What to do in Nha Trang

Nha Trang offer a wide range of water sports including diving, snorkelling, windsurfing and parasailing.

The central and south central coastline of Vietnam, from Nha Trang to Danang and Hoi An in the north, offer some of the country’s finest beaches.

Several beaches around Nha Trang offer water sports including diving, snorkelling, windsurfing and parasailing, while other less-developed beaches are best for secluded sunbathing, swimming and mixing with local fishermen and their families.

Explore Nha Trang on a cycle, visit the Po Nagar Cham towers, pamper your body with a soothing mud bath at the nearby Thap Ba Hot Springs and perhaps learn Tai Chi.

Diving and snorkelling

Nha Trang is a major centre for diving and snorkelling in Vietnam. Choose from several dive sites including the islands of Hon Mun Marine Park, Nha Trang Bay, Van Phuong Bay, Cape Varella and Whale Island.

Swim amid soft coral and look out for numerous marine life including stingrays, gropers, jacks, parrotfish, angelfish, lionfish, clownfish and butterfly fish.

Several professional dive operations offer PADI certification. The best weather and visibility for diving is from March to September.

Boat cruises

Choose from a range of cruises to some of Nha Trang's 20 surrounding islands. Stop off at several islands to go swimming and snorkelling or to explore tiny fishing villages.

Hire a coracle (a small round boat made of wickerwork) and paddle around the bay with local fishermen.


The local Nha Trang Sailing Club can put you in touch with locals who rent small sailing catamarans or who may assist you with chartering a yacht for sailing around the islands.


Away from the beach, Nha Trang offers curious newlyweds a choice of sights including ancient monuments, temples and relaxing natural springs to visit.

The top sightseeing attractions in Nha Trang, include the following…

Po Nagar Cham Towers

Inhale the sweet smell of smoking incense as you stroll around the surviving temples of this dramatic hilltop complex.

Built by the Cham civilisation between the 7th and 12th century, the temples are still used today by Buddhists devotees.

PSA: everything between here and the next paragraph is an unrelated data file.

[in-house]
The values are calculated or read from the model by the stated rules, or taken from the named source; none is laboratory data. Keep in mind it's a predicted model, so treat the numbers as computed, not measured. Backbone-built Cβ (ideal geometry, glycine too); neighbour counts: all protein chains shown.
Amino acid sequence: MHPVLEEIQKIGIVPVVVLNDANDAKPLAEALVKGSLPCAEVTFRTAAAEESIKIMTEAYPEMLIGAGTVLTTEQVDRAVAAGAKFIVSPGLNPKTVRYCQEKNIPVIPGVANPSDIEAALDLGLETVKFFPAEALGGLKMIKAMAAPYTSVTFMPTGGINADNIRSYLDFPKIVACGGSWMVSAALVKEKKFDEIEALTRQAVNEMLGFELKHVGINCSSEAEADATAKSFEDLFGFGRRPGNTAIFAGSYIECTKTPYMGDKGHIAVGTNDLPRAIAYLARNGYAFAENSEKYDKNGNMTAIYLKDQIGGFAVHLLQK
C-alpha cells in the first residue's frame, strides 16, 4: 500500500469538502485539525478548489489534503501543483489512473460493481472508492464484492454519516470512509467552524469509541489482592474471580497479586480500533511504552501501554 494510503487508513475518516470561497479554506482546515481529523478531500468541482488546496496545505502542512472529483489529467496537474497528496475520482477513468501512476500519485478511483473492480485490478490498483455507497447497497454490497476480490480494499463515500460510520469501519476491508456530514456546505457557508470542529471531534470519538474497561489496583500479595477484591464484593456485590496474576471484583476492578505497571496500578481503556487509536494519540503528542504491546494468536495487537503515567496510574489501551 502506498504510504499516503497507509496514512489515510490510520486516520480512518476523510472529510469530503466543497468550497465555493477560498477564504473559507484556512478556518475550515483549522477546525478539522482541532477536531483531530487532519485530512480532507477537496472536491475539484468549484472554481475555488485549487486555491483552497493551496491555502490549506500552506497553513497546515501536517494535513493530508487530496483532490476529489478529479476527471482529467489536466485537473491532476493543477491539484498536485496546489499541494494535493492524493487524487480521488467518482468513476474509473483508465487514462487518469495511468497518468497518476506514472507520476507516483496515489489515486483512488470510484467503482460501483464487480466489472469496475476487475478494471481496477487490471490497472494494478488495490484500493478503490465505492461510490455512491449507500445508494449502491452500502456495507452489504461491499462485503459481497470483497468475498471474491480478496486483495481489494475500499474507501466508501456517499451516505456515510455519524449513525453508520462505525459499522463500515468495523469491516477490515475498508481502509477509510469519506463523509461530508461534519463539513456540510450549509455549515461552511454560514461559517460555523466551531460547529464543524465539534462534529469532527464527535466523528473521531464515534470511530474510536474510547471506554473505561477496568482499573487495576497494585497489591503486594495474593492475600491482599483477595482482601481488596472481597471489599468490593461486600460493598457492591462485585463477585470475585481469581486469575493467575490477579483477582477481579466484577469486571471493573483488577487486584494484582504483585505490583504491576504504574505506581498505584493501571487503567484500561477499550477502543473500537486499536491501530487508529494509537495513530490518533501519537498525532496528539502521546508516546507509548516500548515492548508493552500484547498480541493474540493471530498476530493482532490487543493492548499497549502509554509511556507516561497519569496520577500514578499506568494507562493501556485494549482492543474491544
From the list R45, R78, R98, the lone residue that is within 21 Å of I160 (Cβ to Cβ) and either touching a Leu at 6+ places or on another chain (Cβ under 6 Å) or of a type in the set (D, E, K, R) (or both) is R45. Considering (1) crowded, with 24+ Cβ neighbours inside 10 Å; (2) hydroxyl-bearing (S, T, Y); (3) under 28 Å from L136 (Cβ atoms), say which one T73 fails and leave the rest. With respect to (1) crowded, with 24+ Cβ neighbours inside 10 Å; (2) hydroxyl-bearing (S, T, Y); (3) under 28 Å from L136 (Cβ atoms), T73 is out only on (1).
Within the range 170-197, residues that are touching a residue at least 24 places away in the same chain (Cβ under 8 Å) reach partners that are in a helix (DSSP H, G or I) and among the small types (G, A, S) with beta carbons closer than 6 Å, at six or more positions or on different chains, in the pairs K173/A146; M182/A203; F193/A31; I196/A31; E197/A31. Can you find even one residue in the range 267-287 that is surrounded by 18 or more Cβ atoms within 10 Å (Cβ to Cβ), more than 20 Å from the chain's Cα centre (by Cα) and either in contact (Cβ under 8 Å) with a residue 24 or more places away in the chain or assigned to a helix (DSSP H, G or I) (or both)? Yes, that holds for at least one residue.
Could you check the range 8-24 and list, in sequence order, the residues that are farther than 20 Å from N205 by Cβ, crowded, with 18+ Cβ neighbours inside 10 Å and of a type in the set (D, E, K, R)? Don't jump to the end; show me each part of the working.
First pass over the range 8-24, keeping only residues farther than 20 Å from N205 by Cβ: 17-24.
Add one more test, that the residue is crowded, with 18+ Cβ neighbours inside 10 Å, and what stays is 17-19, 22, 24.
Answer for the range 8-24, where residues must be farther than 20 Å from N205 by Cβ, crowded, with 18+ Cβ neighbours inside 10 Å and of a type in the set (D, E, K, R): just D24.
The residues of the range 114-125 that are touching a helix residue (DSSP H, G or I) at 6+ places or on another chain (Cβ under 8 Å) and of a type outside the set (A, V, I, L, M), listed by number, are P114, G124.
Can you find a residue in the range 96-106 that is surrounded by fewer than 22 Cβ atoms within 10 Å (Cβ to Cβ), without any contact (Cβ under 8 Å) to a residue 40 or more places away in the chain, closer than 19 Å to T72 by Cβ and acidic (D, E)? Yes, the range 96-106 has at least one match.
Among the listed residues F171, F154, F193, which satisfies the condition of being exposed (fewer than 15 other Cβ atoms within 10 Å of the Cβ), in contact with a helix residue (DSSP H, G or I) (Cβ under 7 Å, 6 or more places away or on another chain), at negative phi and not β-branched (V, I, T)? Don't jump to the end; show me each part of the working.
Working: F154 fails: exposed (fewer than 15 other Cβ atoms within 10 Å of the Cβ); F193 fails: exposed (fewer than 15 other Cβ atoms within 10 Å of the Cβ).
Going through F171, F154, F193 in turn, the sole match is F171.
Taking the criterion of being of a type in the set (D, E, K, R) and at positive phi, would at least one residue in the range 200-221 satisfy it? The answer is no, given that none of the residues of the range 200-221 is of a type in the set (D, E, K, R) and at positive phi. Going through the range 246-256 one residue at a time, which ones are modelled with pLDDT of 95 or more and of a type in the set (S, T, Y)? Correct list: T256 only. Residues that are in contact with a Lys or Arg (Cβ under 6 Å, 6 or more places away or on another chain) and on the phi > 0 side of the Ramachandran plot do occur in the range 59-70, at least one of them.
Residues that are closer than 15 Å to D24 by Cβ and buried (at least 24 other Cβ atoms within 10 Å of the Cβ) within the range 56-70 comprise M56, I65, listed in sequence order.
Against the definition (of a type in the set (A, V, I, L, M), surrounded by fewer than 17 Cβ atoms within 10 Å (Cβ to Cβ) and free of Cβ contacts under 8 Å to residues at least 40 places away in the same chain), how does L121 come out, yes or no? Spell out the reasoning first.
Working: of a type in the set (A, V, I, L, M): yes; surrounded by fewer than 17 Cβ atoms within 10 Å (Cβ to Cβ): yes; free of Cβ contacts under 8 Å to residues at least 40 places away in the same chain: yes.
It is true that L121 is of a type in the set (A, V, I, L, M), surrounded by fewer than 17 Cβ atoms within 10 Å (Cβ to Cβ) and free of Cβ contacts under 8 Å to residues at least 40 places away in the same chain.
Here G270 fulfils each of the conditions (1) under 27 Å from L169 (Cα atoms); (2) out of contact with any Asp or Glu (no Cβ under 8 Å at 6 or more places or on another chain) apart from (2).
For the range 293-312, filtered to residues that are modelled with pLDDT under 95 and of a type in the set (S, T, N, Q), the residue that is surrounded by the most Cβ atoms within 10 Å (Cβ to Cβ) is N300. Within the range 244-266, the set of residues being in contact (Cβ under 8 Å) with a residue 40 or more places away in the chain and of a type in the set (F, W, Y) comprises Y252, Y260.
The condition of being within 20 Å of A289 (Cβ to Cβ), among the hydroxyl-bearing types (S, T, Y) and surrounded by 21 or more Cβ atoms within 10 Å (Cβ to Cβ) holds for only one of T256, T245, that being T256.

The Chams, an early Hindu empire in central Vietnam, built the Po Nagar Cham temple complex to honour Yan Po Nagar, the goddess of the country, who later came to be identified with the Hindu goddesses Bhagavati and Mahishasuramardini.

The complex was built on the site of a previous wooden temple destroyed by the Japanese in 774 AD. Of the original 10 structures, only three remain.

Stroll past pillars of carved epitaphs to Cham kings, view the original carved doors in the main sanctuary and ponder the 28m-high main tower, Po Nagar Kalan, one of the tallest Cham structures in the world.

Following the theft of statues and destruction of the original temples, the temple was rebuilt in 781 AD. With its terraced pyramidal roof, vaulted interior masonry and vestibule, Po Nagar is a superb example of Cham architecture.

The sandstone doorposts are covered with inscriptions, as are parts of the walls of the vestibule. On the pediment above the entrance to the temple stands a dancing four-armed Durga goddess with one foot on a buffalo and flanked by musicians.

Inside, sits the 1.2m-high black stone statue of the goddess Yan Po Nagar, sitting cross-legged on a lotus throne, which dates to 965 AD.

Po Ngar Cham stands on a granite rise overlooking the Cai River as it flows into the sea, a 20-minute stroll from the main beach strip, about 2km north of Nha Trang city centre.

Long Son Pagoda

Founded in the late 19th century, Long Son Pagoda has been rebuilt several times over the years. The entrance and roofs are decorated with dragon mosaics constructed of glass and ceramic tile.

Inside, the main ceremonial hall is adorned with modern interpretations of traditional motifs. Don’t miss the ferocious nose hairs of the dragons that encircle the pillars on either side of the main altar.

For many visitors the main attraction of Long Son Pagoda is the huge white 24m-high Buddha, which sits on the hilltop site of the original temple that was built in 1886, but then destroyed by a cyclone in 1900.

Around the statue’s base are carved relief portraits (framed in flames) of Thich Quang Duc and six other Buddhist monks who died in self-immolations in 1963 to protest against the corrupt Diem regime of (the former) South Vietnam.

The Buddha can be seen from all over Nha Trang and is easily reached after climbing 152 stone steps from the pagoda to the top of the hill; the effort is rewarded by the panoramic views over Nha Trang.

Note: Watch out and ignore the scammers demanding money to show you around.

More about Nha Trang…

Latest update: Things to do in Nha Trang: 14 June, 2022